The Frontstretch: 40 Cars to Freedom: Change is Coming for the 2013 Nationwide Series by Bryan Davis Keith -- Friday October 19, 2012

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40 Cars to Freedom: Change is Coming for the 2013 Nationwide Series

Nuts for Nationwide · Bryan Davis Keith · Friday October 19, 2012

 

It’d take an act of God to get this writer to declare that NASCAR has left the state of denial, but they did take a step in the right direction on the Nationwide Series front this week with the announcement that the field will be cut from 43 to 40 cars for the 2013 season. It’s been a change long overdue; though NASCAR’s AAA series has largely dodged short fields over the last eight months, the start-and-park entries filling the starting grids week after week have accounted for nearly 30% of those “full” fields.

Coupled with the return of testing, this week’s announced competition changes are absolutely radical alterations for the Nationwide Series, as 43-car fields have been the norm for a decade-plus. And even at only a three-car reduction, it will have an impact across the series. While it’s impossible to tell just how much of an impact this will have until the entry list for Daytona is released in February, it’s never too early to play a little fact or fiction.

FICTION: This Will Solve the Start-and-Park Problem

It’s simple mathematics. When 13 of the 43 cars in the field are start-and-park entries, even if all three cars that go away are S&Ps, the ratio goes to 10 start-and-parks of 40 cars. That’s still 25% of the field. Looking at that, the sport is still looking at more than the fringes of the garage using a last resort tactic on a weekly basis. A quarter of the starting grid is not the fringes…it’s a recurring theme.

Though the front of the Nationwide Series field has remained fast and healthy, the limitations of today’s ownership and sponsorship pools led NASCAR to reduce the field from 43 starting positions to 40 for 2013.

Considering the state of the 2012 field, cutting to 40 cars would do nothing but display a few cars that were going to be gone by lap 20. But having said that, there’s no guarantee that will be the same in 2013. Rewind back to 2009, when Phil Parsons’ MSRP Motorsports team hit the scene and turned start-and-park into a business. Their Nos. 90 and 91 cars were mechanically built to do nothing more than qualify, to a point they could not run a full-race distance even if a sponsor came calling. But that qualifying prowess translated into nearly guaranteed slots in the field (Terry Cook posted a top 5 qualifying result at O’Reilly Raceway Park and ran as high as third in the early going before calling it a night).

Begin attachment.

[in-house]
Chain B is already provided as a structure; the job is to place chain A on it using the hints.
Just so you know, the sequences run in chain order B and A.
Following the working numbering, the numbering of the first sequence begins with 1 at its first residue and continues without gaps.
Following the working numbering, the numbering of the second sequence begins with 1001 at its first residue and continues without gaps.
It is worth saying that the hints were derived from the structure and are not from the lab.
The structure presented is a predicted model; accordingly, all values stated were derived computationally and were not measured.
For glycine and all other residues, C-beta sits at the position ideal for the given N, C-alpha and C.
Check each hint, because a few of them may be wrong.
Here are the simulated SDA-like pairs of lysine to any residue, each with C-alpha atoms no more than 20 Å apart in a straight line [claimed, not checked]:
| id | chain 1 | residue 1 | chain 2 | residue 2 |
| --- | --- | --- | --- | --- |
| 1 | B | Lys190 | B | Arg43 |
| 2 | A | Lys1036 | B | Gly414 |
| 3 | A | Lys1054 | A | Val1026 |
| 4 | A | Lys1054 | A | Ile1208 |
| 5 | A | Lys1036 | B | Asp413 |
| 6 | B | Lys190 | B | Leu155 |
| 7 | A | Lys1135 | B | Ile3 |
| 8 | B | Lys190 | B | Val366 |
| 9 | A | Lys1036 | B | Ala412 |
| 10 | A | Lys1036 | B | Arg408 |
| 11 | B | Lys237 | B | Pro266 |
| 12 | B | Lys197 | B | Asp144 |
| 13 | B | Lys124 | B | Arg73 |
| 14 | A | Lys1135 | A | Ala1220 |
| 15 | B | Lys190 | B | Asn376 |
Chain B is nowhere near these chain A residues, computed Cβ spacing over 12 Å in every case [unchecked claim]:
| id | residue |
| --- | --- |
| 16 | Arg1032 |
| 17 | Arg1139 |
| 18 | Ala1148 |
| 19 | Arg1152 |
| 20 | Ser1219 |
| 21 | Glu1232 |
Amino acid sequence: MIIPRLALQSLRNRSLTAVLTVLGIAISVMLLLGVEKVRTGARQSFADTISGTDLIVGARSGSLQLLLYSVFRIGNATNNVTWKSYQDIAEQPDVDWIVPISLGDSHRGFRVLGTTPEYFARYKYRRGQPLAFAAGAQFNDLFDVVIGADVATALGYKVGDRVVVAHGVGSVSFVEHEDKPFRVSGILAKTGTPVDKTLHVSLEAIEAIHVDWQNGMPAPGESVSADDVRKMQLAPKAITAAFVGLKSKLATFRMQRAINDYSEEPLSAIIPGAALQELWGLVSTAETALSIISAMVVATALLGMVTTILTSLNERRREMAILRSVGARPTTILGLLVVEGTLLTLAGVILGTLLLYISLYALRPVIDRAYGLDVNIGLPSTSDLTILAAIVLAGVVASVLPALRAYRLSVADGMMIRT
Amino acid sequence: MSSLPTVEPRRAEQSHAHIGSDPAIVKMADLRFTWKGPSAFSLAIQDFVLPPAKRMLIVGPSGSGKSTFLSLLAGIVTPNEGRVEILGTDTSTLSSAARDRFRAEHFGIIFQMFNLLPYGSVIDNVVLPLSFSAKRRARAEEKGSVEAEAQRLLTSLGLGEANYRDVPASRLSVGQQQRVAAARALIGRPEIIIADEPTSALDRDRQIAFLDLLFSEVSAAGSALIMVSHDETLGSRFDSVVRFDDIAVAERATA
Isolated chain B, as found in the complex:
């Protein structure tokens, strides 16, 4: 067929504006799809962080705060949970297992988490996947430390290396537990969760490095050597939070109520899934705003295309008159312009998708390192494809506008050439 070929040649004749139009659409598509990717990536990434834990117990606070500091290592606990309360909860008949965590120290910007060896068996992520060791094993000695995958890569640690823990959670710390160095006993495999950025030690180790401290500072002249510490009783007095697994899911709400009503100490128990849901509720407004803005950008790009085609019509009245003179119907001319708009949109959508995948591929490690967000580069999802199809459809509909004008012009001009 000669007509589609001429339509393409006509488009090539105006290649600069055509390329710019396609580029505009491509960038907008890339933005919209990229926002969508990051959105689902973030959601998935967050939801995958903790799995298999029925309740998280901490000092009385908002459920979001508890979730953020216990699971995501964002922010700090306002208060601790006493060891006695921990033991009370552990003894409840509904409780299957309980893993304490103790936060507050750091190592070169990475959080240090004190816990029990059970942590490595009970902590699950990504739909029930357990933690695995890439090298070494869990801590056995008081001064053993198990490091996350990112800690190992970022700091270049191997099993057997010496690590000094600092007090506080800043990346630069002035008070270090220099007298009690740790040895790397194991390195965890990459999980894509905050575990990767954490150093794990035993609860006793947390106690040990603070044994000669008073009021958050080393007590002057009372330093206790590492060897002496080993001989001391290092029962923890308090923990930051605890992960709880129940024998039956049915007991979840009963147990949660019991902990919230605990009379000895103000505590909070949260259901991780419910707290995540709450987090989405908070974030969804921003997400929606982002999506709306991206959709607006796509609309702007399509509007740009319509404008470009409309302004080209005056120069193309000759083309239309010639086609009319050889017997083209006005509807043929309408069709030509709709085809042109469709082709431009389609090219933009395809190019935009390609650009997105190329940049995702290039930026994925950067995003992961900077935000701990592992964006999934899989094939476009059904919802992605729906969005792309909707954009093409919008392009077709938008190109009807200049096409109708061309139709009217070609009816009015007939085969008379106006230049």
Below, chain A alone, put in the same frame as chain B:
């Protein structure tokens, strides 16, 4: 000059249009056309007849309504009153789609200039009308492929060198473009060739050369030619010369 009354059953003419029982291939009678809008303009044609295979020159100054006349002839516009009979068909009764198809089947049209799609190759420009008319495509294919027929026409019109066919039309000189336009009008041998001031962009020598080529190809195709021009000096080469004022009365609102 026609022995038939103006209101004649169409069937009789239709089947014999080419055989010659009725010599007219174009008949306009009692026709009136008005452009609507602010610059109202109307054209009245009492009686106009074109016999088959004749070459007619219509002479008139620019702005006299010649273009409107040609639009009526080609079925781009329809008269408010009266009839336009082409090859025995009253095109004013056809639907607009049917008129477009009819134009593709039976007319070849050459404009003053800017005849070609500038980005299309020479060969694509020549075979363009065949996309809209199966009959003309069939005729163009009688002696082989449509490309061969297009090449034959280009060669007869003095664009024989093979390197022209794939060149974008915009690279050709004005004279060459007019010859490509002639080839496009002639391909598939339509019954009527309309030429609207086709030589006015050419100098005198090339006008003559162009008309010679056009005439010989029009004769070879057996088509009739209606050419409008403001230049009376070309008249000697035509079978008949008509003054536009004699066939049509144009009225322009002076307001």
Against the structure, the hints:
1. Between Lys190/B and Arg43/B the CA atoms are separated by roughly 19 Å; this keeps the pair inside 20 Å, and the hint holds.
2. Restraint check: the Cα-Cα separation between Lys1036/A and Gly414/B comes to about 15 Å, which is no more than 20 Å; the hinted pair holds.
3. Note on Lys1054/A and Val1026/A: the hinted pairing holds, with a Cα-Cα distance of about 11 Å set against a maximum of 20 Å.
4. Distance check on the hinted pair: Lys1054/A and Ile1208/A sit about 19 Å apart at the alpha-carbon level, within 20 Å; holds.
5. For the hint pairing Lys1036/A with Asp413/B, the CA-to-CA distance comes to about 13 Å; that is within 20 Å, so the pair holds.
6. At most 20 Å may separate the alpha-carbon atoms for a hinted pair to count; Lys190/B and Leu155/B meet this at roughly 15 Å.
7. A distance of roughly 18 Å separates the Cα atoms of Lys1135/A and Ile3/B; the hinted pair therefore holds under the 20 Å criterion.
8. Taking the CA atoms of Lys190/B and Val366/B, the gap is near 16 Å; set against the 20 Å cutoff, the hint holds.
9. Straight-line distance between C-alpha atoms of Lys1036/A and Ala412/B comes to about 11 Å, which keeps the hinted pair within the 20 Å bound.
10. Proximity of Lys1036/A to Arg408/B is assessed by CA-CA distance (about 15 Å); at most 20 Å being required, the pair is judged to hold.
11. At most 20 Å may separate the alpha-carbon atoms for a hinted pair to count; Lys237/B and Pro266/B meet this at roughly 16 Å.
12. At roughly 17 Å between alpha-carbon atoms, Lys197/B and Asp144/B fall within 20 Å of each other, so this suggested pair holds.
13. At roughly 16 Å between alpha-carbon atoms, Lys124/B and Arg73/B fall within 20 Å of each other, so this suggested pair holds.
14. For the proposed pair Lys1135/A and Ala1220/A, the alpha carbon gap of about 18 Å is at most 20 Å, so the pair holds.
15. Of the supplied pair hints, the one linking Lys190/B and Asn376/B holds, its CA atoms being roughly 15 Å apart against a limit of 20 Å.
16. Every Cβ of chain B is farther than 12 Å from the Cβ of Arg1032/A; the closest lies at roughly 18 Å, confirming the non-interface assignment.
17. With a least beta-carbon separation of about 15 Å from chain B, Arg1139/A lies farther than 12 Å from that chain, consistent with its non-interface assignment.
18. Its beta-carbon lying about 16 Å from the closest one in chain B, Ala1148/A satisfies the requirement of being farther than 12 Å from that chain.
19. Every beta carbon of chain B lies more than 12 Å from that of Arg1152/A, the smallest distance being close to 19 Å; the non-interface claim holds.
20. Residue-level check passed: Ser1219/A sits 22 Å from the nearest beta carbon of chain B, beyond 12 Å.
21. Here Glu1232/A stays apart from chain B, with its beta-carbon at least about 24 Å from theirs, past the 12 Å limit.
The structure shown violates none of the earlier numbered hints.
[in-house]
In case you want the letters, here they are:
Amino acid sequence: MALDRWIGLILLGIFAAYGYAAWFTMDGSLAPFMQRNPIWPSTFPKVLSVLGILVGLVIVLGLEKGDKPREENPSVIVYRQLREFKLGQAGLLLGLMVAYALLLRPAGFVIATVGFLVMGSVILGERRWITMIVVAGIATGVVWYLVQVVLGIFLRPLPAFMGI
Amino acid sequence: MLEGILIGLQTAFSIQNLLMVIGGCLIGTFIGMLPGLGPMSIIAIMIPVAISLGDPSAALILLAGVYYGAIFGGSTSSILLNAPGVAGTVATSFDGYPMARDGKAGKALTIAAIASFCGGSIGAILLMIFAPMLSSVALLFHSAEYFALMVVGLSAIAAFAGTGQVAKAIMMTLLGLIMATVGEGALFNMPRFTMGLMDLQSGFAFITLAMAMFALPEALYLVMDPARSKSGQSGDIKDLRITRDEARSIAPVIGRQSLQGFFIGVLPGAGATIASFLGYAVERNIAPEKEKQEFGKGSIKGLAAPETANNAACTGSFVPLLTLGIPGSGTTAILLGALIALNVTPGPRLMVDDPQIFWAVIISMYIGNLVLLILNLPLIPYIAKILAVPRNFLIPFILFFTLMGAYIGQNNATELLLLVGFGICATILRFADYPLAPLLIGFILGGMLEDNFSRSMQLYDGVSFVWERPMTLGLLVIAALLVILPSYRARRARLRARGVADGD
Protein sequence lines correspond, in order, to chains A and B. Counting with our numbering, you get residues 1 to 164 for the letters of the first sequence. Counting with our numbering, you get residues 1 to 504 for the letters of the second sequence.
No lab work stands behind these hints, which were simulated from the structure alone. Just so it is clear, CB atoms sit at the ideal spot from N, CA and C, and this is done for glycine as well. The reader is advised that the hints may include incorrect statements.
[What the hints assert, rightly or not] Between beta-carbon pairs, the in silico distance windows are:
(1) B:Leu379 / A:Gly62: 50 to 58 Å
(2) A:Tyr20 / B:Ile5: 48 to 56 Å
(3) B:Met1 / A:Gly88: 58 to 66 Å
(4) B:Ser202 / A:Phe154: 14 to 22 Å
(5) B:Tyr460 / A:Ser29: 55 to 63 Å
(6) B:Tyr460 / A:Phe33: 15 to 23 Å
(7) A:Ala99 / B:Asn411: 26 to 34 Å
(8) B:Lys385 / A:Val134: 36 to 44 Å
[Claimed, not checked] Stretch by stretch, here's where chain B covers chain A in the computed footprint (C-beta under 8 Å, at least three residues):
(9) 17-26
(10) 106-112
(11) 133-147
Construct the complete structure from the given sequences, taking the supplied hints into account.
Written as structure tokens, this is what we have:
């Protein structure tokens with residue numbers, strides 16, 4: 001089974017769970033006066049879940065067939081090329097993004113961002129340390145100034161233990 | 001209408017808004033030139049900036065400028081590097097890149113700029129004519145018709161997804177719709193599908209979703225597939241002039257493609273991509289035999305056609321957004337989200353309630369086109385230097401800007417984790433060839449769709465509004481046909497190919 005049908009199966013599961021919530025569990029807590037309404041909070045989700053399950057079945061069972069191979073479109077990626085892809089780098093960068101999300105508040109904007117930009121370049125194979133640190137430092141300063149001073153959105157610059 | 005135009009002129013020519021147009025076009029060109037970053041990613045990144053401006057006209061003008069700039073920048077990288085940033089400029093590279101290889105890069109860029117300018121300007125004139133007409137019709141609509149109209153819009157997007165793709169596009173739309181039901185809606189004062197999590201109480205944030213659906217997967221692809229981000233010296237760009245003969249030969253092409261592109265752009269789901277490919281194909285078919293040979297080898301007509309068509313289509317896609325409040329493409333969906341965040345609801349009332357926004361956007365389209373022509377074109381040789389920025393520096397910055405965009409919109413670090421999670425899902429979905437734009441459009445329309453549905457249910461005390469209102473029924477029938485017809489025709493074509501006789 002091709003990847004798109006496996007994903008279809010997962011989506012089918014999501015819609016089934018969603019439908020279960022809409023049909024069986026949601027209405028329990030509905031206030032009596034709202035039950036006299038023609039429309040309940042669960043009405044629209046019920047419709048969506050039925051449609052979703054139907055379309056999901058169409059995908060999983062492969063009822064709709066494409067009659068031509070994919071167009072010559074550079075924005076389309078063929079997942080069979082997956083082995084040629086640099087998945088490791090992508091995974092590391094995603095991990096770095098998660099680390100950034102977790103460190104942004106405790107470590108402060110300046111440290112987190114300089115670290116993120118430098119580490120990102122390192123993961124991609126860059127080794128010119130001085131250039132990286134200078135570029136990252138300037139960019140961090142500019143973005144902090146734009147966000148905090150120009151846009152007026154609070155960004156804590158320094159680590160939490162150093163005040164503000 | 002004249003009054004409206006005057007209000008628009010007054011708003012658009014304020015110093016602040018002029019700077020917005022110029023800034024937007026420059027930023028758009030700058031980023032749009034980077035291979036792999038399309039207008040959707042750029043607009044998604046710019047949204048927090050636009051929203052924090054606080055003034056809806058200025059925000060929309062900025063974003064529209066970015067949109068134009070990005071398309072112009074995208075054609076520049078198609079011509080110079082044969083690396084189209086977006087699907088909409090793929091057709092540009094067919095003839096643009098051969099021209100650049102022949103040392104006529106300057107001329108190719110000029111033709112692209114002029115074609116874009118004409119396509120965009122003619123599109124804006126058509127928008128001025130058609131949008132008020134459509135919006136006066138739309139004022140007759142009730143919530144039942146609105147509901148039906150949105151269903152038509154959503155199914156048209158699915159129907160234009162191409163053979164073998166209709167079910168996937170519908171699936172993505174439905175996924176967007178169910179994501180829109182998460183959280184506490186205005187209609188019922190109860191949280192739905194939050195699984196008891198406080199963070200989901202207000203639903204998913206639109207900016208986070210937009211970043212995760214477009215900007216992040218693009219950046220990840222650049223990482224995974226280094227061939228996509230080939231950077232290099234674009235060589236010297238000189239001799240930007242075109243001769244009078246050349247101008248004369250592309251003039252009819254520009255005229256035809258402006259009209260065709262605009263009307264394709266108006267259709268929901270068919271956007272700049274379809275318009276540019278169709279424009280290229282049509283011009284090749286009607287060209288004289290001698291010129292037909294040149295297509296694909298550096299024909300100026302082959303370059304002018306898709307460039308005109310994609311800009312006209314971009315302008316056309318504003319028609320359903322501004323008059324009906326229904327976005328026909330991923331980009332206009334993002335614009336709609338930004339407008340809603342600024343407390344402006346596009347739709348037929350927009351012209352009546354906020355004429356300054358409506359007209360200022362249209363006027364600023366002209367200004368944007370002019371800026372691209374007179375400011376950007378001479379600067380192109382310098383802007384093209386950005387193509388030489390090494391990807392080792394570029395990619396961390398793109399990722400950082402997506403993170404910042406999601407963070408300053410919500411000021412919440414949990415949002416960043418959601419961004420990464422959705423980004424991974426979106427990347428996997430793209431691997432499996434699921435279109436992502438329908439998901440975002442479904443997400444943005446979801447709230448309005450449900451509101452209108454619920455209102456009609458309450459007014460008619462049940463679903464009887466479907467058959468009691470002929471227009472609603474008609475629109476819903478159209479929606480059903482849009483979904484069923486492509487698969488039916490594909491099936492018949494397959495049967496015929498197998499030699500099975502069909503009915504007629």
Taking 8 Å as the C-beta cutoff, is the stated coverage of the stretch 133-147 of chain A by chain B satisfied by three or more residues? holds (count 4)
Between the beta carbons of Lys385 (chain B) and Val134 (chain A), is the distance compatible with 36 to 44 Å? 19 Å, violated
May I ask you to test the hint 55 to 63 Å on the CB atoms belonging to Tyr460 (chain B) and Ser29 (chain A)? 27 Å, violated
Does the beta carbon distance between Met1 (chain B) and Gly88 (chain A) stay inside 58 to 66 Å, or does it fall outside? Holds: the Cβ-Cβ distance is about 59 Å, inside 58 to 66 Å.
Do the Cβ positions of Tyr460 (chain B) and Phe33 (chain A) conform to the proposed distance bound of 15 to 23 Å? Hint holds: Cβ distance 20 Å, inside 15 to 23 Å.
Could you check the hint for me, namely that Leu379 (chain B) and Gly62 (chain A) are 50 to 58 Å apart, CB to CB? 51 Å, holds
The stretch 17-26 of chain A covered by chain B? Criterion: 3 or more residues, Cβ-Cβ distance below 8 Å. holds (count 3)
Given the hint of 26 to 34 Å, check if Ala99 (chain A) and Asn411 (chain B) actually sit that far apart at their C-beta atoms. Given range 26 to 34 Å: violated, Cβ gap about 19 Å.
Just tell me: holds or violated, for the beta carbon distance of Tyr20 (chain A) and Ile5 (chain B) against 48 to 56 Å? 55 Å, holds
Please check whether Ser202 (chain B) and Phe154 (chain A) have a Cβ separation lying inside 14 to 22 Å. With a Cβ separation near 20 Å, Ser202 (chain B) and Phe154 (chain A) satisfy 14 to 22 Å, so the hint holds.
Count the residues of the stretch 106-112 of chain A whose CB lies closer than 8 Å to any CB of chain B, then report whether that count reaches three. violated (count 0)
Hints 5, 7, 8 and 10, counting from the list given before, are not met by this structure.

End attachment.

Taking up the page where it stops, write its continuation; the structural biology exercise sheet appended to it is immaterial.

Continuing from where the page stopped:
The moral of the story? Regardless of how many spots are in the field, start-and-park teams have an inherent advantage over race teams. They don’t have to spend time practicing in race trim or worry about maintaining their race cars…it’s all about putting a fast two laps together. So even if there are only 40 slots available, all it will take is an MSRP Motorsports to step in with a decent engine program and boom…that’s two slots in a more limited field gone.

The fact is, even if the field is being right-sized for the economic and ownership reality of today’s Nationwide Series, a reduction in spots available does not correct the myriad of challenges facing ownership in the Nationwide ranks; the purse that is all but impossible to survive off of, the overwhelming expense of engines and tires, the heavy reliance of independent teams on purchasing used race cars to fill their garages. Right-sized field or not, Nationwide Series racing is currently the equivalent of overpaying for the right to climb up a mountain in a blinding snowstorm barefooted.

This competition change makes sense. It will interject some life into qualifying sessions that has been sorely lacking in 2012 (a lot of 43 car fields have made for some boring time trials). It reflects what the current stable of race cars contesting the series actually looks like. And, when coupled with the re-opening of testing, the series will finally open some doors for new ownership blood to enter (should there be any interested). Testing allows for teams to solve problems and get better without relying on the wind tunnel or deep connections with a manufacturer.